UTILITIES: Most large U.S. electric utilities have pledged to cut their carbon emissions 80% by 2050, but a report finds they still haven’t made adequate plans to achieve that goal, even with federal funding at their disposal. (Canary Media)


POLLUTION: A legal loophole in the Clean Air Act has let the U.S. EPA exclude pollution from “natural” or “uncontrollable” events like wildfires from official air quality records, giving the illusion that the air is cleaner than it really is in at least 70 counties. (Guardian)

ELECTRIC VEHICLES: At least eight states, most of them Republican-controlled, have levied $200-plus annual fees on electric vehicle owners that critics say will delay the EV transition. (Washington Post) 

PIPELINES: More than 4,200 workers hustle to complete construction of the Mountain Valley Pipeline before the end of the year, but still face frequent protests and hundreds of water crossings. (Roanoke Times)

TRANSPORTATION: A Chicago-area startup develops technology to retrofit diesel engines to run on ethanol, betting that it’s a faster path to decarbonize heavy-duty trucking than waiting for electric replacements. (Energy News Network)


CLIMATE: September 2023 was the most unusually warm month NOAA and NASA scientists say they’ve seen, continuing warming trends that suggest 2023 will be the hottest year on record. (Axios)

SOLAR: Iowa solar developers are adapting projects and offering “good neighbor” incentives to improve relationships with landowners but still encounter insurmountable opposition in some counties. (Gazette)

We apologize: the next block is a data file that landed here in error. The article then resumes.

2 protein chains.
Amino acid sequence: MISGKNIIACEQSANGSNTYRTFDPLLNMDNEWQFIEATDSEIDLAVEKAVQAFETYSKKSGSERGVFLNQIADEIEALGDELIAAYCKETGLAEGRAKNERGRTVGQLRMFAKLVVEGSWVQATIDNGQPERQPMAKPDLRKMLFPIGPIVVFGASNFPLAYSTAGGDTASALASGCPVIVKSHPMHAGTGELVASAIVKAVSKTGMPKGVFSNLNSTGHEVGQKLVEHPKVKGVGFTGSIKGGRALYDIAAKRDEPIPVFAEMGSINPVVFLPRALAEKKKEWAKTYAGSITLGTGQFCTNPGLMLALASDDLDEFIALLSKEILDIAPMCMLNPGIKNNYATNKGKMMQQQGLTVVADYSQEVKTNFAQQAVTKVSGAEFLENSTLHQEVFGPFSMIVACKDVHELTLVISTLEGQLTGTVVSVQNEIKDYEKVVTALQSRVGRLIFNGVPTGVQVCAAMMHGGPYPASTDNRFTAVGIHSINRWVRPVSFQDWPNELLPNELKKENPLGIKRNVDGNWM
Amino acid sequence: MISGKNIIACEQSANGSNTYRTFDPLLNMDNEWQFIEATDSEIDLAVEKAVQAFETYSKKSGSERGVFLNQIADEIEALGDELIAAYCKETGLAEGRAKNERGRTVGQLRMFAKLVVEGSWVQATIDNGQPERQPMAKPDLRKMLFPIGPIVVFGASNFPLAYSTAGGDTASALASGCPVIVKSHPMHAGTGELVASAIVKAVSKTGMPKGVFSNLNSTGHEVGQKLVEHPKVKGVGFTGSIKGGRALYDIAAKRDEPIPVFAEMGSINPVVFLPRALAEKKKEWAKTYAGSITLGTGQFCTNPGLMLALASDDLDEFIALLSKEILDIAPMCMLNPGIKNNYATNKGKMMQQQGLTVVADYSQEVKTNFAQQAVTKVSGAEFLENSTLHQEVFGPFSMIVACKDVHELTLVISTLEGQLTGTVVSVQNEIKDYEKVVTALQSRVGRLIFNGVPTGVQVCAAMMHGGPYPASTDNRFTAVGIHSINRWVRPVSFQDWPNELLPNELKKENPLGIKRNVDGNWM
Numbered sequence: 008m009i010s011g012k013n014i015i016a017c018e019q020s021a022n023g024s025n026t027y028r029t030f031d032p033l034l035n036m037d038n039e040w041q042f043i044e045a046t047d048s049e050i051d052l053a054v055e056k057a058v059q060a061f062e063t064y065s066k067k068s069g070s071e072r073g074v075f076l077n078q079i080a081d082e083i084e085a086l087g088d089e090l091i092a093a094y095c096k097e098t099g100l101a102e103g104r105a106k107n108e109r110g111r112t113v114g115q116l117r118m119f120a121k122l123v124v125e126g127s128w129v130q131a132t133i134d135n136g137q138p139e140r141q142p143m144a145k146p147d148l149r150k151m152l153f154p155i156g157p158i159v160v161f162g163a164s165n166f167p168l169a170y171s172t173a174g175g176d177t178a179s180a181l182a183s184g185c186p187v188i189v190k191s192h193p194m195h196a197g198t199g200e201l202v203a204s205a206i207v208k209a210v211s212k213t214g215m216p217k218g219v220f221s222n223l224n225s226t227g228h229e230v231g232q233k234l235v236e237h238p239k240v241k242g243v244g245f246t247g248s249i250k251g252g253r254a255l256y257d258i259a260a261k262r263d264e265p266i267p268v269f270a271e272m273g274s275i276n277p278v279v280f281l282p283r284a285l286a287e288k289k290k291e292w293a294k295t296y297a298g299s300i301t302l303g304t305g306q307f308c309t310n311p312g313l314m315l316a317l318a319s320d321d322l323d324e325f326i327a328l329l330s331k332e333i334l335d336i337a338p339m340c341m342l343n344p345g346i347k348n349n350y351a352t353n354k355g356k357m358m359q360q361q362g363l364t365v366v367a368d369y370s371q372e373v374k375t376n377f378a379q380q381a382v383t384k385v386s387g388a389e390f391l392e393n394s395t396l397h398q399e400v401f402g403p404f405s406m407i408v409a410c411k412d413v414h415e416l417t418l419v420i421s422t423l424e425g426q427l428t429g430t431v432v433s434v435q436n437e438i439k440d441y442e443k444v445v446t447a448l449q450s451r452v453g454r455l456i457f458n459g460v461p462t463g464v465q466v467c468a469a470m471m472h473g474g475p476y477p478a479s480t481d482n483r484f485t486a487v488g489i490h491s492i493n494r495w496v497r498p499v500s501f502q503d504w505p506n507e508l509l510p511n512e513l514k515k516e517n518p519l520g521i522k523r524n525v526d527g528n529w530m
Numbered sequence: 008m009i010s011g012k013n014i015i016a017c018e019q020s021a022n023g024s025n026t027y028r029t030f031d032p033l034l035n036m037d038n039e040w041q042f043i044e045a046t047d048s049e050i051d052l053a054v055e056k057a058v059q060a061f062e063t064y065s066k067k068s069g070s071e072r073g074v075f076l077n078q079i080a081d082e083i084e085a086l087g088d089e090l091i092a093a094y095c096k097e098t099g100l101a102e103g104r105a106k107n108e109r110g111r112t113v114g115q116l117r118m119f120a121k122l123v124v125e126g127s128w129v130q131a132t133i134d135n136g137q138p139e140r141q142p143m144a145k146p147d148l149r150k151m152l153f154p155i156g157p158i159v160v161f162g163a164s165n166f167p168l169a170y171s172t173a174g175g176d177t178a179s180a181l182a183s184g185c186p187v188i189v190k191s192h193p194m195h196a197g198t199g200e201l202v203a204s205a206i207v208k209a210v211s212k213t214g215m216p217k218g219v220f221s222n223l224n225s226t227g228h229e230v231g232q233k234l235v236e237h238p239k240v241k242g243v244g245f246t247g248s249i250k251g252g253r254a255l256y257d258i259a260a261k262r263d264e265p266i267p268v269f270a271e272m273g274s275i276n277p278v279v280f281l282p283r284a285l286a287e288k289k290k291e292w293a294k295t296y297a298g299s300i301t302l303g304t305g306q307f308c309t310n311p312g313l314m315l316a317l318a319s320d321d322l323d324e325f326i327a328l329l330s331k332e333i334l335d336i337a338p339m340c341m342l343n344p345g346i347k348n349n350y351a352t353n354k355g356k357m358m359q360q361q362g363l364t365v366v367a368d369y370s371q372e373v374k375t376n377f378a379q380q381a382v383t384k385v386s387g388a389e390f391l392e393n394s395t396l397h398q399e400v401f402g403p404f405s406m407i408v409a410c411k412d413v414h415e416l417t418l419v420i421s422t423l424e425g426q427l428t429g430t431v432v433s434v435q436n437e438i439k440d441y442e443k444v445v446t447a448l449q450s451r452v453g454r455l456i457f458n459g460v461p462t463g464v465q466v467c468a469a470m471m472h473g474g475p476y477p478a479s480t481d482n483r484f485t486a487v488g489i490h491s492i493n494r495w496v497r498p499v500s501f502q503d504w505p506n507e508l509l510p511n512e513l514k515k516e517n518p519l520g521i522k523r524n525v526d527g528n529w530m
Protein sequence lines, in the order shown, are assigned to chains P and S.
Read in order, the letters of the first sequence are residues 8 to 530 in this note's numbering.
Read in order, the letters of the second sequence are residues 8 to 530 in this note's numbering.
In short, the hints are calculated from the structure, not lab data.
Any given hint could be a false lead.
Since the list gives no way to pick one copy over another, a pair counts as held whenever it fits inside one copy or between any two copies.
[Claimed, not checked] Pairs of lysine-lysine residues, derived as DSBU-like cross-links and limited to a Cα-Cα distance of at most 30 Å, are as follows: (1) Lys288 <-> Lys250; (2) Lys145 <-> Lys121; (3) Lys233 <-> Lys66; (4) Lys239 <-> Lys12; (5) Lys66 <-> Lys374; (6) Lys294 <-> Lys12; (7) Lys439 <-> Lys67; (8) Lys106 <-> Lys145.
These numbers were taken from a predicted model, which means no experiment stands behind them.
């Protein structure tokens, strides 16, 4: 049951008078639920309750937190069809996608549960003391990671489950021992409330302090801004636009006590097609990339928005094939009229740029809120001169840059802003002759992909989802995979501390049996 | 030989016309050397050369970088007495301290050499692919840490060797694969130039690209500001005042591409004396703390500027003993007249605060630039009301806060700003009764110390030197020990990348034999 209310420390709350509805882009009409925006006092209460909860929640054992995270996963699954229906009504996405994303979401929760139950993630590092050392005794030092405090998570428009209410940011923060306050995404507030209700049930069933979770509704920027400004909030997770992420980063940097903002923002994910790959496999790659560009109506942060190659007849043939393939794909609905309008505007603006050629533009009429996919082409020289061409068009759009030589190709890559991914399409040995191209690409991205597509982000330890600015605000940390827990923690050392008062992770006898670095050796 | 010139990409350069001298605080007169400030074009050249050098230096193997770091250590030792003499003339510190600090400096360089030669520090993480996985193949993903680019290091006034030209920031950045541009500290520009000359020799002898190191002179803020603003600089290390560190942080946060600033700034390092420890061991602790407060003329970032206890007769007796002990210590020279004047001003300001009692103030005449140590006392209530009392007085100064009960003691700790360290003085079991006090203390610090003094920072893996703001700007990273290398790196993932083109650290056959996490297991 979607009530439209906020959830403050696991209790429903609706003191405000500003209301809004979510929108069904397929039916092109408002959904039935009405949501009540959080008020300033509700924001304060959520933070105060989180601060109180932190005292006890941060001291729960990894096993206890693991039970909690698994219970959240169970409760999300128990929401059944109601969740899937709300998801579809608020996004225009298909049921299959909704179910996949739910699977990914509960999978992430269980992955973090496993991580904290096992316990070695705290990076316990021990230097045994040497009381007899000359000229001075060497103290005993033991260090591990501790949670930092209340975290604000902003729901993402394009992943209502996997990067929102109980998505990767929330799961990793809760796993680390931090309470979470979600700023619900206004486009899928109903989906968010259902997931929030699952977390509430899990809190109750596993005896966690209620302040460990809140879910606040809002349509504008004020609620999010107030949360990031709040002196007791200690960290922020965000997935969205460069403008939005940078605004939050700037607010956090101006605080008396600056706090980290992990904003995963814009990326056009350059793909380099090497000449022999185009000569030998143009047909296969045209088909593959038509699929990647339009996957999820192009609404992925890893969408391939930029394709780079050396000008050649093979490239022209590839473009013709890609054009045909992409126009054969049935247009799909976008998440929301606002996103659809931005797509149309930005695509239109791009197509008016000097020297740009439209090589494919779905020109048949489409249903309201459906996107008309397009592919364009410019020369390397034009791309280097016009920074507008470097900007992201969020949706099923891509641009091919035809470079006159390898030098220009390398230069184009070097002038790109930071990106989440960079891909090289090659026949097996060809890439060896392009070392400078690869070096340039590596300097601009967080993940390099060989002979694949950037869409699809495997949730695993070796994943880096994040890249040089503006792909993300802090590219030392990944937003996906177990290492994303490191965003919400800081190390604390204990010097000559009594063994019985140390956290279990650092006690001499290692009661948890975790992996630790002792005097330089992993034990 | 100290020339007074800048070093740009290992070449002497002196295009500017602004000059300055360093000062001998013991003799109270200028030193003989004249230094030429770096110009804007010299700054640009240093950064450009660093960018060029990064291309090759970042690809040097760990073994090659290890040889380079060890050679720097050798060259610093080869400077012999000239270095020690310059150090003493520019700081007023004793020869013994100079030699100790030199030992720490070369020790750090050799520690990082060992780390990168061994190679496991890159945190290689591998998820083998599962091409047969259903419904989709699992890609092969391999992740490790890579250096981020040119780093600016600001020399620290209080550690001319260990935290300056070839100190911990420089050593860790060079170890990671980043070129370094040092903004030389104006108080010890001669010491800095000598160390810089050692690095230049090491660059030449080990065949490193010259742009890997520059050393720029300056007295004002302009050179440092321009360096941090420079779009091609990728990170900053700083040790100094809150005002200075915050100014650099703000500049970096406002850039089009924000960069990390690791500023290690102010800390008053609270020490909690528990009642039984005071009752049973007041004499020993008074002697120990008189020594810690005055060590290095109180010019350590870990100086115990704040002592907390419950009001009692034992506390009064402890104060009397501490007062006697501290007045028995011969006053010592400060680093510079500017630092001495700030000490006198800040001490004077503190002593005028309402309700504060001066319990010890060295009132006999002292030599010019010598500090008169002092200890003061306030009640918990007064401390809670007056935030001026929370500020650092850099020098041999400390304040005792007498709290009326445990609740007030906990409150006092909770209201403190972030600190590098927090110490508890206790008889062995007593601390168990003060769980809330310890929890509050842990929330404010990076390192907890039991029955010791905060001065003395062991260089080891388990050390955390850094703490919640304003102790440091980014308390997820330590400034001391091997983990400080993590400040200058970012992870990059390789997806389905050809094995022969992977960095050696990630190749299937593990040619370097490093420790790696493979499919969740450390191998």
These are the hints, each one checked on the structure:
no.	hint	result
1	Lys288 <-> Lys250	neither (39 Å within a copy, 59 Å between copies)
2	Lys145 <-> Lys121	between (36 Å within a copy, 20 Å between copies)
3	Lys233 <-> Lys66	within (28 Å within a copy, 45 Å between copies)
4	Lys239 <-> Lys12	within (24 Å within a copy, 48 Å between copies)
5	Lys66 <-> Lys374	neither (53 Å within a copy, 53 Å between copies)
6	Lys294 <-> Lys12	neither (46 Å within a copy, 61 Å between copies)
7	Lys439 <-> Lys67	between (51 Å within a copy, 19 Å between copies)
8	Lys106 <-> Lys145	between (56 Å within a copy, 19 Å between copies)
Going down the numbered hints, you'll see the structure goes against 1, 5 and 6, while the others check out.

OFFSHORE WIND: Rhode Island requests 1.2 GW of offshore wind project proposals, the largest renewable power solicitation in the state to date. (Offshore Wind Biz)

COMMENTARY: Will your electric boat electrocute you if it sinks? Obsessively insulated batteries and several fail-safes mean the answer is not likely, a reporter finds. (Heatmap)

More from the Energy News Network: Midwest | Southeast | Northeast | West

Kathryn brings her extensive editorial background to the Energy News Network team, where she oversees the early-morning production of ENN’s five email digest newsletters as well as distribution of ENN’s original journalism with other media outlets. From documenting chronic illness’ effect on college students to following the inner workings of Congress, Kathryn has built a broad experience in her more than five years working at major publications including The Week Magazine. Kathryn holds a Bachelor of Science in magazine journalism and information management and technology from Syracuse University.